Keywords: Hepatitis C virus, genetic variation, bioinformatics, genotype, HCV

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20661 Phylogenetic Relationships of Aproaerema Simplexella (Walker) and the Groundnut Leaf Miner Aproaerema Modicella (Deventer) (Lepidoptera: Gelechiidae) Collected from Australia, India, Mozambique, and South Africa

Authors: Makhosi Buthelezi


Mitochondrial DNA cytochrome c oxidase I (COI) gene analyses linked the South African groundnut leaf miner (GLM) to the Australian soya bean moth Aproaerema simplexella (Walker) and Indian Aproaerema modicella (Deventer). Thus, the genetic relatedness of GLM, A. simplexela, and A. modicella was examined by performing mitochondrial and nuclear (COI, cytochrome oxidase subunit II (COII), mitochondrial cytochrome b (CYTB), nuclear ribosomal 28S (28S) and intergenic spacer elongation factor-1 alpha ( EF-1 ALPHA) on 44 specimens collected from South Africa, four from Mozambique, and three each from single locations in India and Australia. Phylogenetic analyses were conducted using the Maximum Parsimony (MP) and Neighbour-Joining (NJ) methods. All of the datasets of the five DNA gene regions that were sequenced were also analyzed using the Basic Local Alignment Search Tool (BLAST) to find the closest matches for inclusion in the phylogenetic trees as outgroups and for purposes of information. In the phylogenetic trees for COI, COII, cytb and EF-1 ALPHA, a similar pattern was observed in the way that the sequences assembled into different groups; i.e., some sequences of A. simplexella from Australia were grouped separately from the others, but some Australian sequences grouped with those of the GLM from South Africa, India, and Mozambique. In the phylogenetic tree for 28S, all sequences from South Africa, Australia, India, and Mozambique grouped together and formed one group. For COI, genetic pairwise distance ranged from 0.97 to 3.60 %, for COII it ranged from 0.19% to 2.32%, for cytb it ranged from 0.25 to 9.77% and for EF-1 ALPHA it ranged 0.48 to 6.99%. Results of this study indicate that these populations are genetically related and presumably constitute a single species. Thus, further molecular and morphological studies need to be undertaken in order to resolve this apparent conundrum on the taxonomy of these populations.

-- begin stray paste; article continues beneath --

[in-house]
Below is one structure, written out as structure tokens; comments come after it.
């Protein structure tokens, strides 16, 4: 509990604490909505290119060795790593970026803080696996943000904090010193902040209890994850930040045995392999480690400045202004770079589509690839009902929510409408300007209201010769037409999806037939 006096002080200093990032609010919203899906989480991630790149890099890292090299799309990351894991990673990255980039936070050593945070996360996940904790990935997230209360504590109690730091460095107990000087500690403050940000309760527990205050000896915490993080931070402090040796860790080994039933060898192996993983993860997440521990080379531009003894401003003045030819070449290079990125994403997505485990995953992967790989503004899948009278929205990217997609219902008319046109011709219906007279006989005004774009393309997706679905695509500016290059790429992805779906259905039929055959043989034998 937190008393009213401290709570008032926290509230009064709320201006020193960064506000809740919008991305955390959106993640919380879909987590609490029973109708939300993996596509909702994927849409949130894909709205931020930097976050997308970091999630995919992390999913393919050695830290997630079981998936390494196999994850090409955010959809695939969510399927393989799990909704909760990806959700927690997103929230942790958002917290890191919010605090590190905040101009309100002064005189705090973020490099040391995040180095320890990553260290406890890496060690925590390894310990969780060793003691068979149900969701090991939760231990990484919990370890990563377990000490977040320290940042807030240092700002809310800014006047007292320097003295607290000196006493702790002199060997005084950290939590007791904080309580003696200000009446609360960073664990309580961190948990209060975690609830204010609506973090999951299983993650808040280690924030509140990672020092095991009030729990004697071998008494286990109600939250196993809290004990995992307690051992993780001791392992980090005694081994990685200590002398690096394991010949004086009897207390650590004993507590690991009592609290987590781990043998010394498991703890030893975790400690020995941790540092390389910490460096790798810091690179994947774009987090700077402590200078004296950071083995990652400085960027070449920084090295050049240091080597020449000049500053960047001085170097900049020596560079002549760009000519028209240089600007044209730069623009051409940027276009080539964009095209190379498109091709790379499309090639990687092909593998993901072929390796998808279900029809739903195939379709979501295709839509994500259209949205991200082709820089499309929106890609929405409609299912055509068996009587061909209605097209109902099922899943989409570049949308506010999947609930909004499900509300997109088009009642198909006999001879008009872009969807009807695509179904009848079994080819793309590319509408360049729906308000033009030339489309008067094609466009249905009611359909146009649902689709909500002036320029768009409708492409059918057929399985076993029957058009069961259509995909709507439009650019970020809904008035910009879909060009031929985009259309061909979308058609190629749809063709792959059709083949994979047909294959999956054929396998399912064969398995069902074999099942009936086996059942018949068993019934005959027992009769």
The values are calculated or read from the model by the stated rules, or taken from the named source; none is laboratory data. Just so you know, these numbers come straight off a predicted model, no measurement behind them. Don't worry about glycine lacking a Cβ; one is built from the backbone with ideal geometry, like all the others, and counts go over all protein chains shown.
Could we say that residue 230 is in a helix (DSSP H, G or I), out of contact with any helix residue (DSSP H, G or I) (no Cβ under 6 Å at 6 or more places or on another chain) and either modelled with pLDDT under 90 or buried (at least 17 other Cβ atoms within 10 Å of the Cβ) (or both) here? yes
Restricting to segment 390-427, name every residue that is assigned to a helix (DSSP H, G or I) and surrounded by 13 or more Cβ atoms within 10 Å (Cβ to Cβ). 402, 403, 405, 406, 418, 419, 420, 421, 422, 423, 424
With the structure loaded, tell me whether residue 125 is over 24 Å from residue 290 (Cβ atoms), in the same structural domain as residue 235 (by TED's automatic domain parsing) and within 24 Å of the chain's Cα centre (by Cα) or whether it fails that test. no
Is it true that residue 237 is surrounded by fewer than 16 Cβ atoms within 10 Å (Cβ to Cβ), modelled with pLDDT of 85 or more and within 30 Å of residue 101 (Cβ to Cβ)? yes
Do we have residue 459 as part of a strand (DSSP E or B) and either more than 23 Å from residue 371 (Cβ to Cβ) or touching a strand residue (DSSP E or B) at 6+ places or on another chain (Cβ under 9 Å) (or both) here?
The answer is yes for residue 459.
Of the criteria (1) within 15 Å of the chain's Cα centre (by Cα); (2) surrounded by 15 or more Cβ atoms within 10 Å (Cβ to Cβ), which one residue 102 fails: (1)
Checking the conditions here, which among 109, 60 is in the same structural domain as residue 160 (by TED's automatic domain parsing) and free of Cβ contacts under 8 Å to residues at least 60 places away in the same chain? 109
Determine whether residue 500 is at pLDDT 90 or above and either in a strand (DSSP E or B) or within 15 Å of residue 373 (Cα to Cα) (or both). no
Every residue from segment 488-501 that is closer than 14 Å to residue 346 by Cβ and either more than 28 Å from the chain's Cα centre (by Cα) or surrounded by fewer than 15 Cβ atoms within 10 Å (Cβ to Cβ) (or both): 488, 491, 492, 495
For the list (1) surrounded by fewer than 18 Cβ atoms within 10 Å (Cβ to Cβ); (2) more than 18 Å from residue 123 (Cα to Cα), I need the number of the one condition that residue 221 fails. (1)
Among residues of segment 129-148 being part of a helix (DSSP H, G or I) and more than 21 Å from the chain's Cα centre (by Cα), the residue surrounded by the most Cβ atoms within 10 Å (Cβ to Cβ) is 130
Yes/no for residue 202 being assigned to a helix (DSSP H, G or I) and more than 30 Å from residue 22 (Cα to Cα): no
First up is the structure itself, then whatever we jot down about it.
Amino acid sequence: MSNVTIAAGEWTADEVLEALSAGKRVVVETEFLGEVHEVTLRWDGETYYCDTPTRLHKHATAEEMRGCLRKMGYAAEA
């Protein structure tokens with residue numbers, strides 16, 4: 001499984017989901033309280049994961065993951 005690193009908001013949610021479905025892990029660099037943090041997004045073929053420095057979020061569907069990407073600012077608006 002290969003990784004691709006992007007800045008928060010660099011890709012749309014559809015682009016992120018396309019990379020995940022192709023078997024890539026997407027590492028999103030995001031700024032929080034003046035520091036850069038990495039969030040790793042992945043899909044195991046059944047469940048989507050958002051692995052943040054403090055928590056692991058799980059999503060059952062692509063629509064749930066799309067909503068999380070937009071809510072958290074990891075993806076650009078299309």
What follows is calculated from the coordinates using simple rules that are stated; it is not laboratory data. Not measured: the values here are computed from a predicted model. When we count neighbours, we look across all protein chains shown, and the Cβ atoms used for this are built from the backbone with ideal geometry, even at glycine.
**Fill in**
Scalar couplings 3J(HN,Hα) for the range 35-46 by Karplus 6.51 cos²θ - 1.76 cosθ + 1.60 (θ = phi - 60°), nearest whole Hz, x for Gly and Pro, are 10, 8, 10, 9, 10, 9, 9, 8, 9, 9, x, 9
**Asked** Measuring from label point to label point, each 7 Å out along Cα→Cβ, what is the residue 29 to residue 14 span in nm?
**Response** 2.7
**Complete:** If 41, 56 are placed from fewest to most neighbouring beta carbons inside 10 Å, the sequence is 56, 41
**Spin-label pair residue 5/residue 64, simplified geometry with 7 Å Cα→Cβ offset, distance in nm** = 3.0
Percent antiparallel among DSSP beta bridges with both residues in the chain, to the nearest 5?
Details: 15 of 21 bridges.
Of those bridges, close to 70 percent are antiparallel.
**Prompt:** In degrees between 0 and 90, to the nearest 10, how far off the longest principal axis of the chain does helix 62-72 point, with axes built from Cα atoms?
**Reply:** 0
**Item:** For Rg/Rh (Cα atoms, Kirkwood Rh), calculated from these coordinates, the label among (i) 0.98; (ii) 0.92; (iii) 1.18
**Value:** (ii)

Keywords: aproaerema modicella, aproaerema simplexella, mitochondrial DNA, nuclear DNA

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20660 Genetic Diversity of Wild Population of Heterobranchus Spp. Based on Mitochondria DNA Cytochrome C Oxidase Subunit I Gene Analysis

Authors: M. Y. Abubakar, Ipinjolu J. K., Yuzine B. Esa, Magawata I., Hassan W. A., Turaki A. A.